Practice for an Interview
Your resume made it through the initial review phase and you got the
call for an interview. Congratulations, you’re halfway there! With only a few steps left to land your new job, it’s time to get serious.
Preparing for an interview can be a stressful experience, especially if it is at a company you are excited about. Besides putting together the right professional outfit and appearance for your talk, it’s important to refine some of your answers to some standard interview questions coming your way.
Below are some tips on getting ready for your next big interview. Good luck!
Practice makes perfect: The old cliché is true. If you want to knock your interview out of the park, you have to prepare yourself for success. This includes finding a list of general interview questions and rehearsing your answers, which should be only a few sentences long to keep the conversation moving.
Once you’re comfortable with your responses, ask a friend or family member to have a mock interview with you. This will help you work on making eye contact as you answer questions.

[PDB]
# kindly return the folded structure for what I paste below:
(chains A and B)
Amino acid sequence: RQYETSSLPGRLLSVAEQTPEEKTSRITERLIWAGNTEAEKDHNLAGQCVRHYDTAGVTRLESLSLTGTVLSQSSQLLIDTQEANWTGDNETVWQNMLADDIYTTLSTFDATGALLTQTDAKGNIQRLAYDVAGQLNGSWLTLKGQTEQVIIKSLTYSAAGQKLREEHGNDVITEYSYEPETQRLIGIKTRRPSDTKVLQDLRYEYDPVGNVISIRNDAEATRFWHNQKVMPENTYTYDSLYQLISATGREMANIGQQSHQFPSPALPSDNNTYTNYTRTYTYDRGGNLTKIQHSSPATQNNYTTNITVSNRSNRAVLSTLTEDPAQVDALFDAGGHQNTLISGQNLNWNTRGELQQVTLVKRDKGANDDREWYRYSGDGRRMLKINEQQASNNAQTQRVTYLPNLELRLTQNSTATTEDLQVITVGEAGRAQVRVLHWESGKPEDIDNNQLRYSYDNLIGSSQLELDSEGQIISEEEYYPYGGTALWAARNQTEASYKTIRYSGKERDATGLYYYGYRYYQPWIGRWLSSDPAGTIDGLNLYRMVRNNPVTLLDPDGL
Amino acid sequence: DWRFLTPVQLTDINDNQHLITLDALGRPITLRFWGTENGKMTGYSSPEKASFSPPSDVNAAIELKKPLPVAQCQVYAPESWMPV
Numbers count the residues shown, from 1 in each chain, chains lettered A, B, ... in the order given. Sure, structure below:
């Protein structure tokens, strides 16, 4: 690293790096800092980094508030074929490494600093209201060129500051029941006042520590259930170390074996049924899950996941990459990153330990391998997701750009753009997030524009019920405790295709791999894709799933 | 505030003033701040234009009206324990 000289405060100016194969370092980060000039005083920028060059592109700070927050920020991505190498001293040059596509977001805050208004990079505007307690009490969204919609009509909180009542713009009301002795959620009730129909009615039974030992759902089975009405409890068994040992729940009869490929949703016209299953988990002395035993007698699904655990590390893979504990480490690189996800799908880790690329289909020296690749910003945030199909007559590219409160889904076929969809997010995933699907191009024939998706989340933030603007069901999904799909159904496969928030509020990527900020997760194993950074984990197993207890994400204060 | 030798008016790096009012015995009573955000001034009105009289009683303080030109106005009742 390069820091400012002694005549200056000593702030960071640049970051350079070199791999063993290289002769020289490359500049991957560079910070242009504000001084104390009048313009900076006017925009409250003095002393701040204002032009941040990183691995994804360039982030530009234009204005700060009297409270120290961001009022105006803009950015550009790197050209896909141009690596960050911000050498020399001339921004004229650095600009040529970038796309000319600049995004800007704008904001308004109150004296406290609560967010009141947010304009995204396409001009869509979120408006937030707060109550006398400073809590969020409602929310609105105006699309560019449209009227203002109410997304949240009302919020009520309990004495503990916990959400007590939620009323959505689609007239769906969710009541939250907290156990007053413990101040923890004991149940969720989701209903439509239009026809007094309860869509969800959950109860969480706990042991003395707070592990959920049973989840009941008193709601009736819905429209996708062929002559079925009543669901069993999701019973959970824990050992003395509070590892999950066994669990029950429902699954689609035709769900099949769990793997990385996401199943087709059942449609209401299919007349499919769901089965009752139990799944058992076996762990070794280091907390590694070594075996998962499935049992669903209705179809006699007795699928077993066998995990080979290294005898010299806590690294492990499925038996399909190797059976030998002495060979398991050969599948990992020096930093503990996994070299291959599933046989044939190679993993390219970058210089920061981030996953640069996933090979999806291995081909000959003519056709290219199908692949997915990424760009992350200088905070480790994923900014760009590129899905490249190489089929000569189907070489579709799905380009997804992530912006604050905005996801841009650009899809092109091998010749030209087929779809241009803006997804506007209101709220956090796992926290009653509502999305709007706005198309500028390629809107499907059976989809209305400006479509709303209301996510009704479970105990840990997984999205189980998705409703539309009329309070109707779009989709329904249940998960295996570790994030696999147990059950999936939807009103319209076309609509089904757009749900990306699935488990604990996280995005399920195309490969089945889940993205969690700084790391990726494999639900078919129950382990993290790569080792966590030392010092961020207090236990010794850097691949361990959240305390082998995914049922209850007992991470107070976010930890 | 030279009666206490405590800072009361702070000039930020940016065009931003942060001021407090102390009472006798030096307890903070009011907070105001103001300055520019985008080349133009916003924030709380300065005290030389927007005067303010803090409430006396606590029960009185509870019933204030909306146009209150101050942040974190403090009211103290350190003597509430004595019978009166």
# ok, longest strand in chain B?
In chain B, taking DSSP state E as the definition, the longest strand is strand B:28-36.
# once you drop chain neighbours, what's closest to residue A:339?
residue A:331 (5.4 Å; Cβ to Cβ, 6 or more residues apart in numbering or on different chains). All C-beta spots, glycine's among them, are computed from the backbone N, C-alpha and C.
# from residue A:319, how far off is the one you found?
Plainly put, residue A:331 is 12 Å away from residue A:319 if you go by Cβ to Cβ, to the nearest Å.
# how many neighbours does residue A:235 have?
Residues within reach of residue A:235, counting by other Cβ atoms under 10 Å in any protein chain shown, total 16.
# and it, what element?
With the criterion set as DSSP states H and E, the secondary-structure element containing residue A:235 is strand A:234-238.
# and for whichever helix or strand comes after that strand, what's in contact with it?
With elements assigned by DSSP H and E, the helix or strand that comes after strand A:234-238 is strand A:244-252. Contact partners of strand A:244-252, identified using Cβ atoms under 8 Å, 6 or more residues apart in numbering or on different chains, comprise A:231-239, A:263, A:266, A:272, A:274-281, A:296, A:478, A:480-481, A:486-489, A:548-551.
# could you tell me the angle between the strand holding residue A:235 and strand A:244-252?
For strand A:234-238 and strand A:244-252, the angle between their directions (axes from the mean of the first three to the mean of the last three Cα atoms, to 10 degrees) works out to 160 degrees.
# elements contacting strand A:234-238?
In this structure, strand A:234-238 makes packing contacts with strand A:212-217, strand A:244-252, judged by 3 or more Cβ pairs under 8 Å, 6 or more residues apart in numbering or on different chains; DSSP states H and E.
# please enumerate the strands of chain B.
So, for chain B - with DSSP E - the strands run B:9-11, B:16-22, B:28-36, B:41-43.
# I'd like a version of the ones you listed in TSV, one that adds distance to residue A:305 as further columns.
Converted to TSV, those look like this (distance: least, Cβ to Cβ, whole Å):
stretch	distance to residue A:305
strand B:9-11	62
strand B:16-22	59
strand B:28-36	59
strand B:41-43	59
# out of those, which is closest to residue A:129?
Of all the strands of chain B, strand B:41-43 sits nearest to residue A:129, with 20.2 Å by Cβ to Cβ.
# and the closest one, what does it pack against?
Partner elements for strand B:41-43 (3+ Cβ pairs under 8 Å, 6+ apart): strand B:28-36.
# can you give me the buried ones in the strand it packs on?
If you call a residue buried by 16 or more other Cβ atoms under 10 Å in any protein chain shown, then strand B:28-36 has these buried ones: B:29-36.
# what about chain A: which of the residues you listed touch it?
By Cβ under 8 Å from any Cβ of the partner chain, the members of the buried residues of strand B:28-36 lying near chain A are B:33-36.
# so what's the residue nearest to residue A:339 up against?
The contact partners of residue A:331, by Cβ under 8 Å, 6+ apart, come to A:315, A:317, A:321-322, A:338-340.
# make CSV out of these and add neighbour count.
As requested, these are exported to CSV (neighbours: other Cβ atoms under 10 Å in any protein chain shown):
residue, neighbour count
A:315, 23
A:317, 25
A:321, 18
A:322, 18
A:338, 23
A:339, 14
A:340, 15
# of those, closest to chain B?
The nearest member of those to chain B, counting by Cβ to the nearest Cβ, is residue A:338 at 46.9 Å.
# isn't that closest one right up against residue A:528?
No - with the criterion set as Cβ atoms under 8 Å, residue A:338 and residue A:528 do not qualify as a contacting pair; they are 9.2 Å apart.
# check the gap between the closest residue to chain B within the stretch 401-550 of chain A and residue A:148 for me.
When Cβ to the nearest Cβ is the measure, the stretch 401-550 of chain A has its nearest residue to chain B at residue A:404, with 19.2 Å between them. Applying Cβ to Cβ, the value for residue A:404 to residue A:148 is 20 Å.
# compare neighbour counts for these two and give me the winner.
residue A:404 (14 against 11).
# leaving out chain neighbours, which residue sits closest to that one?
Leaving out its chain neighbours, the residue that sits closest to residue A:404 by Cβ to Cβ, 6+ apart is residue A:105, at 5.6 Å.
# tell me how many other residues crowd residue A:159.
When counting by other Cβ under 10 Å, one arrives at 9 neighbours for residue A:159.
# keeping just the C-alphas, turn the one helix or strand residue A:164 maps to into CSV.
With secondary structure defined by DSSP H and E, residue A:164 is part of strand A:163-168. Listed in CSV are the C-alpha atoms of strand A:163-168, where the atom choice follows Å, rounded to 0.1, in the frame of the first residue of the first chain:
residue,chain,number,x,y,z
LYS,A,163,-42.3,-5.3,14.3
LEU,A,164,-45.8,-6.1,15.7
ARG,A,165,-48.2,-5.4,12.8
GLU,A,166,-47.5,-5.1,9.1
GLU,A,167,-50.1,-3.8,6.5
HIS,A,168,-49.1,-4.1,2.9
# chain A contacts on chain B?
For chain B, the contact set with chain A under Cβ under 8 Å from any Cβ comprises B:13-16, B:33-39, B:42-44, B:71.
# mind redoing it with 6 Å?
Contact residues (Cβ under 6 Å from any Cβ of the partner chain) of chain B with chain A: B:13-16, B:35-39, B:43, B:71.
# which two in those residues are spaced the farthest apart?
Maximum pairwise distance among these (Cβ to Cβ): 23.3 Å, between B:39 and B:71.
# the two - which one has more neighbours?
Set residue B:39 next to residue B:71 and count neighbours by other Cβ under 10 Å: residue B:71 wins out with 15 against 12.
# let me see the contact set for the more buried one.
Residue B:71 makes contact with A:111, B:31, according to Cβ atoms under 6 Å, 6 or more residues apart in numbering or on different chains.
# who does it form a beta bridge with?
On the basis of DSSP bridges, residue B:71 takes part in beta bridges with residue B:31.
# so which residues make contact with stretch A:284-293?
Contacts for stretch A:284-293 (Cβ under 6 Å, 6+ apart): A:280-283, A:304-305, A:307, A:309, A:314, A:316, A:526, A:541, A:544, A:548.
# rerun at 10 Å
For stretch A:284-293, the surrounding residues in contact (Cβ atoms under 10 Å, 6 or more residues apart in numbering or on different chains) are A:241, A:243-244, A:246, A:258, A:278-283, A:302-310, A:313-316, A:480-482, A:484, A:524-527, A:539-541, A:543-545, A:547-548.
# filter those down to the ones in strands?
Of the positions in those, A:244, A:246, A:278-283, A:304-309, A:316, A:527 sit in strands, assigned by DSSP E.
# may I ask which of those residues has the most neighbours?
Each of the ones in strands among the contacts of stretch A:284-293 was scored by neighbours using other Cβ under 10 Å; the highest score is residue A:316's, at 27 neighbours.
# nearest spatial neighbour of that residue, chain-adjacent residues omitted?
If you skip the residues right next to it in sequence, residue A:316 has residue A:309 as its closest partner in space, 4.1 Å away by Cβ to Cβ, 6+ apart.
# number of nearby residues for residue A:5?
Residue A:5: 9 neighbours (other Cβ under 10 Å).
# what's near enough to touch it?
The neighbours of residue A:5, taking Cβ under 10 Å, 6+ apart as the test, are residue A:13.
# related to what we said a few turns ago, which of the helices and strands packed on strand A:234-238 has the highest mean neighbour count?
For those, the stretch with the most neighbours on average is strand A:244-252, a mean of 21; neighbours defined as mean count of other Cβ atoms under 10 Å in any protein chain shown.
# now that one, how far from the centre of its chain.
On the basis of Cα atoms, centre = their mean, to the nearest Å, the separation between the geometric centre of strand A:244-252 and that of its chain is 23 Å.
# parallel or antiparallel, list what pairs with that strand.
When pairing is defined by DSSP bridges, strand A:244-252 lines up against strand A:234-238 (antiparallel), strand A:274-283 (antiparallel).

Here are a few general questions you can expect during your interview:
- Can you tell us about yourself and your background?
- What drew you to this position and why do you think you’re the right fit?
- Why are you looking to leave your current job? Or what made you leave your previous position?
The Right Attitude
Another cliché that is particularly relevant for the job interview is “You only have one chance to make a great first impression.” How you handle yourself as a professional during an interview can literally make or break your chances of landing the job.
Companies want a polished, enthusiastic professional, especially if you will be working with customers or internal leadership on special projects. Everybody likes to work with someone who is pleasant and collaborative. Giving off a good vibe and not disparaging past employers are two ways of making sure you fit the bill.
It’s important to be ready for different interview styles. Some hiring managers are very cut and dry. They will ask a few general questions and move on with their day.
Others are more in-depth and looking for detailed, thoughtful answers. The best interviewees are able to “understand the room,” meaning able to analyze the interviewer’s style and craft answers according to their expectations.
If your interviewer laughs a lot and tells personal stories, go along with them by telling a couple of your own. Just remember to keep things short and sweet. There will be more time for chatting once you land the job!